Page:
This content was originally published by The Hop Review, a digital magazine that joined the Hop Culture family in March 2020.
This piece was written by Jack Muldowney.
With the endless variety of local craft, it seems that the reach for some of those old standbys might be happening less often. I will say, however, I am no stranger to calling for a beer ‘fit’ for a certain situation. Thus has been the case for tried-and-true Sapporo. Long thought of as a sushi-pairing beverage, it’s sometimes refreshing to remember certain ‘situational’ beers, when not in said situation. Great and refreshing with some spicy tuna? Yes. How about some seared tuna? Sure. Terriyaki? Uh huh. What about as a backyard beer? Maybe not so far-fetched.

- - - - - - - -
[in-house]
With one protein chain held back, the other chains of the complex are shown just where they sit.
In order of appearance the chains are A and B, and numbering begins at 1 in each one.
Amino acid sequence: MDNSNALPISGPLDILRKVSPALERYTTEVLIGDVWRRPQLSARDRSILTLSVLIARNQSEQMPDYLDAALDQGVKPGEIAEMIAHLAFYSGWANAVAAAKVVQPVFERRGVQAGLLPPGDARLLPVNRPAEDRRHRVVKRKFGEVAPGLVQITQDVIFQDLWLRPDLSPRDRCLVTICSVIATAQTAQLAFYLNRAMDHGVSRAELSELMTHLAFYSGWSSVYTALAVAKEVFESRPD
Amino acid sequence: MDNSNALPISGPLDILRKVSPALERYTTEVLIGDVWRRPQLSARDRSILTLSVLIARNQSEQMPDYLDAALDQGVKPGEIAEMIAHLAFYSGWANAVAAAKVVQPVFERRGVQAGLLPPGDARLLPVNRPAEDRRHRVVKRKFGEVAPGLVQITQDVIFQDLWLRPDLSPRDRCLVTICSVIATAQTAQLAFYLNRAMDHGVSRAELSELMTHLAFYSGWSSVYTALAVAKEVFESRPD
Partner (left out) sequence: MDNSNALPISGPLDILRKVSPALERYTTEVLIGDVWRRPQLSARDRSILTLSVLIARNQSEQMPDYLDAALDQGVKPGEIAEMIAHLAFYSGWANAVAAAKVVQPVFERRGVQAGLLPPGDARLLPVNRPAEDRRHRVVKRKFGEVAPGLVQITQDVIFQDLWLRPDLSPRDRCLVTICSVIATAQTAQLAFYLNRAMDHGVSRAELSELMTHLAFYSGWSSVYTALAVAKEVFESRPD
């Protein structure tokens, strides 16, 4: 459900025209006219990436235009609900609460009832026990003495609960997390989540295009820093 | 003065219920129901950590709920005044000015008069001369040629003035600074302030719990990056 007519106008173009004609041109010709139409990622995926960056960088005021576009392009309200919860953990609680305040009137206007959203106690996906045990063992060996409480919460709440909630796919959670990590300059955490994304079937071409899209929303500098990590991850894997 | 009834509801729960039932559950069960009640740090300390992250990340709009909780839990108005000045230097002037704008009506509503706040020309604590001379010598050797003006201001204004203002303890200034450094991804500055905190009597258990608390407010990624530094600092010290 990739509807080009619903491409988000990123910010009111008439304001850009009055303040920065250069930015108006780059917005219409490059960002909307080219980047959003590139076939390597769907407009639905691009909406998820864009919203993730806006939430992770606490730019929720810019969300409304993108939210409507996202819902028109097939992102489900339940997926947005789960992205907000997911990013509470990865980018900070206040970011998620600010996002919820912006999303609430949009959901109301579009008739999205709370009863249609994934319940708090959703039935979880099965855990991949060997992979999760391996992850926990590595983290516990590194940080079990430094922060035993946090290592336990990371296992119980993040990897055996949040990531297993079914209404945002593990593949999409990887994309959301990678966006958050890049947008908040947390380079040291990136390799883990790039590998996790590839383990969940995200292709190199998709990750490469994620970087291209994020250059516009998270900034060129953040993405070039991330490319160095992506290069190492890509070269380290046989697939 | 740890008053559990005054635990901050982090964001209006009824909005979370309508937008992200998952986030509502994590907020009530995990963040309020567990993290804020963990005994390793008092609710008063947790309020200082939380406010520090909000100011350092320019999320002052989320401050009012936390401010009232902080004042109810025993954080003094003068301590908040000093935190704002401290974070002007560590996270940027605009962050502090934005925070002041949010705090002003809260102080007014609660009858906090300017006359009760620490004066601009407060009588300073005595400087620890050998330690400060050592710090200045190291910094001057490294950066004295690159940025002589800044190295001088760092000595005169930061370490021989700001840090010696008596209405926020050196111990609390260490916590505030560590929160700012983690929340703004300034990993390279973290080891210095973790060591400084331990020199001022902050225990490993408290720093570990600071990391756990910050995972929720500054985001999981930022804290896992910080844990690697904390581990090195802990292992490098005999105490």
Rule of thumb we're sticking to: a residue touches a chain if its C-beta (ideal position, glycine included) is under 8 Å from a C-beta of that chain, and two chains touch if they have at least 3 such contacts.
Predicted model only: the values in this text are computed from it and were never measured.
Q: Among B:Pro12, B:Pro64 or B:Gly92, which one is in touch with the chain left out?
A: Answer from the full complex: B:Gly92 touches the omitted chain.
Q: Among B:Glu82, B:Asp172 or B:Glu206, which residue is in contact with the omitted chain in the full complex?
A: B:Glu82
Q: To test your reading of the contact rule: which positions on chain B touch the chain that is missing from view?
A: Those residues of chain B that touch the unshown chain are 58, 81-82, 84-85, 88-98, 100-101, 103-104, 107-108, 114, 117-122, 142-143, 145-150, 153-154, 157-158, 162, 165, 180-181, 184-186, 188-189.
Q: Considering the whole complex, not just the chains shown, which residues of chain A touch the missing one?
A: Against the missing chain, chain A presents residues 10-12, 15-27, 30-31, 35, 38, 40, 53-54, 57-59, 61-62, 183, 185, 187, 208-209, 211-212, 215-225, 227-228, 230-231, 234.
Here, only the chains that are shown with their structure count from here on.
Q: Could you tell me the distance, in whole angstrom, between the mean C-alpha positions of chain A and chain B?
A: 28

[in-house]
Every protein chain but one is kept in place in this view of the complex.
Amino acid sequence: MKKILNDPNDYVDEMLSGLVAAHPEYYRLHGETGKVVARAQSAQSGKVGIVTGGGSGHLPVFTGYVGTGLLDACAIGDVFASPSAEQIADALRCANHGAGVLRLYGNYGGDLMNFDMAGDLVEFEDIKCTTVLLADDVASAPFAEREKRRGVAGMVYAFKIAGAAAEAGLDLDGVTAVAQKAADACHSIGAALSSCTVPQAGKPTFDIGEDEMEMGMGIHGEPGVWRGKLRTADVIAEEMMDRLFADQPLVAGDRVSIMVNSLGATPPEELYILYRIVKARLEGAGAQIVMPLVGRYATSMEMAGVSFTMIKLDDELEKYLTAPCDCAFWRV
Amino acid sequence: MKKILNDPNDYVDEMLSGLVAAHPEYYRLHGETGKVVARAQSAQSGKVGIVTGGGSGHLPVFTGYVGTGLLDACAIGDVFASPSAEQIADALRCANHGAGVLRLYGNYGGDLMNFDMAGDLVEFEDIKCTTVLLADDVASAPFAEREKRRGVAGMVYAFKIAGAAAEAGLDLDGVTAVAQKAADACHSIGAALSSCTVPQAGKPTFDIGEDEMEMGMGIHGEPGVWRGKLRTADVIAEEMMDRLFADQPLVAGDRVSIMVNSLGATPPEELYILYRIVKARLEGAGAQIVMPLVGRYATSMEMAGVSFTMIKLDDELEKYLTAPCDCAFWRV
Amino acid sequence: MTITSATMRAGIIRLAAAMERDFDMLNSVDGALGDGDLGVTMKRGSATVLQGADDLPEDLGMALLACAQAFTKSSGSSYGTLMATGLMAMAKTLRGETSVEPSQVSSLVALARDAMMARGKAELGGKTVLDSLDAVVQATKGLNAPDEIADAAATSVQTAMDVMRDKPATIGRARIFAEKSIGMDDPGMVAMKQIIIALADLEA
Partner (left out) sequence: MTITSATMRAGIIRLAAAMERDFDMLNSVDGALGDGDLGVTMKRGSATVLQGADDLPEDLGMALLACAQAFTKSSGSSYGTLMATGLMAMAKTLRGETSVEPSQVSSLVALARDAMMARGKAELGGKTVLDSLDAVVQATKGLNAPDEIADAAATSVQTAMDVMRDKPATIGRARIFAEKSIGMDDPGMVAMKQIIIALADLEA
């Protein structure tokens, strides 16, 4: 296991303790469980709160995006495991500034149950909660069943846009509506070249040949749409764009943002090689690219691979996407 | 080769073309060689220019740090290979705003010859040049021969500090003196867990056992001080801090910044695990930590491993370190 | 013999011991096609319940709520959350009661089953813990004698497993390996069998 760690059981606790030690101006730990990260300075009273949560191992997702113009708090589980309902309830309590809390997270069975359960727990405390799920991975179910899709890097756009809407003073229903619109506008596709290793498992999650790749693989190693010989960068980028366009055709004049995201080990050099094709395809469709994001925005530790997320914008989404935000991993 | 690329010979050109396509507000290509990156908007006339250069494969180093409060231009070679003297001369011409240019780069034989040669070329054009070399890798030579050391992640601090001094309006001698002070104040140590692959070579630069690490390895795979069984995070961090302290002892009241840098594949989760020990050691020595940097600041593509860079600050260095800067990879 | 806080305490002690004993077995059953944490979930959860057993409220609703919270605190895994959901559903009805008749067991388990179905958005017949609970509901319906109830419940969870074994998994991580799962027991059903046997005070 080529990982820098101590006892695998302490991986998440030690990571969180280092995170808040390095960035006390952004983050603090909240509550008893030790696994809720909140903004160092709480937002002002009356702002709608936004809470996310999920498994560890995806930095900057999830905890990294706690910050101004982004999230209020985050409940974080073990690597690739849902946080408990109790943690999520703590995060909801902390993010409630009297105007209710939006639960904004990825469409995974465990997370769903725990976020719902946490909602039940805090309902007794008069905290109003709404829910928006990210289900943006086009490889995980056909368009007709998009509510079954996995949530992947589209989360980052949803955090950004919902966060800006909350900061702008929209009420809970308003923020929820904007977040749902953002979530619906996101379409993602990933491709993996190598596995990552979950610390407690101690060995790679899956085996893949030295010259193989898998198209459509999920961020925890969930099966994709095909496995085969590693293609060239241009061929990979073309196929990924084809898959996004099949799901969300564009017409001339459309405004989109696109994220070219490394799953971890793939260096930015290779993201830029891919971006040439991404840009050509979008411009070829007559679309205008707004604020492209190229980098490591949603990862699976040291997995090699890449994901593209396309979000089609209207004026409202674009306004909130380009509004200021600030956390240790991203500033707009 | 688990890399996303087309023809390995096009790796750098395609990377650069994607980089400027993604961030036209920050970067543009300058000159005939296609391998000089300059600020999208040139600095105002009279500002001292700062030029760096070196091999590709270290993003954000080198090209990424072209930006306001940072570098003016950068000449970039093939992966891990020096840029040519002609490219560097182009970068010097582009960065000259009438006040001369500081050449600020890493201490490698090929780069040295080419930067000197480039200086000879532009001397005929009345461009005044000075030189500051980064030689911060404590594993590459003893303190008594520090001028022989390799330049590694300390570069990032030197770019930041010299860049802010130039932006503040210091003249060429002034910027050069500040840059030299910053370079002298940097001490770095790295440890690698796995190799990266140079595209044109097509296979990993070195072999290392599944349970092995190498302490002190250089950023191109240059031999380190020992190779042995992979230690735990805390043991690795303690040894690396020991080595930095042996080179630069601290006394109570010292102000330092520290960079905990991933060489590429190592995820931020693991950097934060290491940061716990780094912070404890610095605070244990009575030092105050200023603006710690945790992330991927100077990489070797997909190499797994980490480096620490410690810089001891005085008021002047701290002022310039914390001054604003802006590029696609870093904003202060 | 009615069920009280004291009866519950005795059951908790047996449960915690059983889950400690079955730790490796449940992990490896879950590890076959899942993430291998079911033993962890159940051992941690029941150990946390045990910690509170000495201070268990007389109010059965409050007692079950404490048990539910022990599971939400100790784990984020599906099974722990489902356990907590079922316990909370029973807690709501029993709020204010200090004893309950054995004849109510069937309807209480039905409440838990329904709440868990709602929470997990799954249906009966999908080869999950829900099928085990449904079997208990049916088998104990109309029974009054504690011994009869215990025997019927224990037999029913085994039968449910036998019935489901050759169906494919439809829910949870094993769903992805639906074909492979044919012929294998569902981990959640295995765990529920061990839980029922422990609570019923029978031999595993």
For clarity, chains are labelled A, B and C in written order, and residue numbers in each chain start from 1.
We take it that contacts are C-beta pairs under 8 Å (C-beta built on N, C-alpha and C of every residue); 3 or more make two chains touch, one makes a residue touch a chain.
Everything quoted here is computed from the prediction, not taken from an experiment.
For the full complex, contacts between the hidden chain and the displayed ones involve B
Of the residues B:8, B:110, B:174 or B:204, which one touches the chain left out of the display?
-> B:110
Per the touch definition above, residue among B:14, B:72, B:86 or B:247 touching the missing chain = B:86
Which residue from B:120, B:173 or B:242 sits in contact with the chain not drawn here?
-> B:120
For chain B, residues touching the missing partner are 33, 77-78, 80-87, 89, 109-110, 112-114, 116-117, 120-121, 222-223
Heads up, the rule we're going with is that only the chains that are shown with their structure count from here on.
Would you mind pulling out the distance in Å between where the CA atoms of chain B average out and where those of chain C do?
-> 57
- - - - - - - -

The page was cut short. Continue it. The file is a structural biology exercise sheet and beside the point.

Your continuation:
As with many ‘international’ beers these days, Sapporo actually has ties closer to home: Sapporo USA brews and operates just up the road in LaCrosse, Wisconsin. Having sampled the Premium, Light, and Reserve, I might think of Japan’s famous brew more than just when downing some sushi rolls around town. I’d certainly opt away from the Reserve, myself, but the others: crisp and refreshing, minimally bitter.
Let’s take a look at the most popular Asian beer in the U.S. (and Japan’s oldest):
“10 Facts You ShouldKnow About Sapporo Beer”
Cheers to Sapporo USA for sponsoring this post.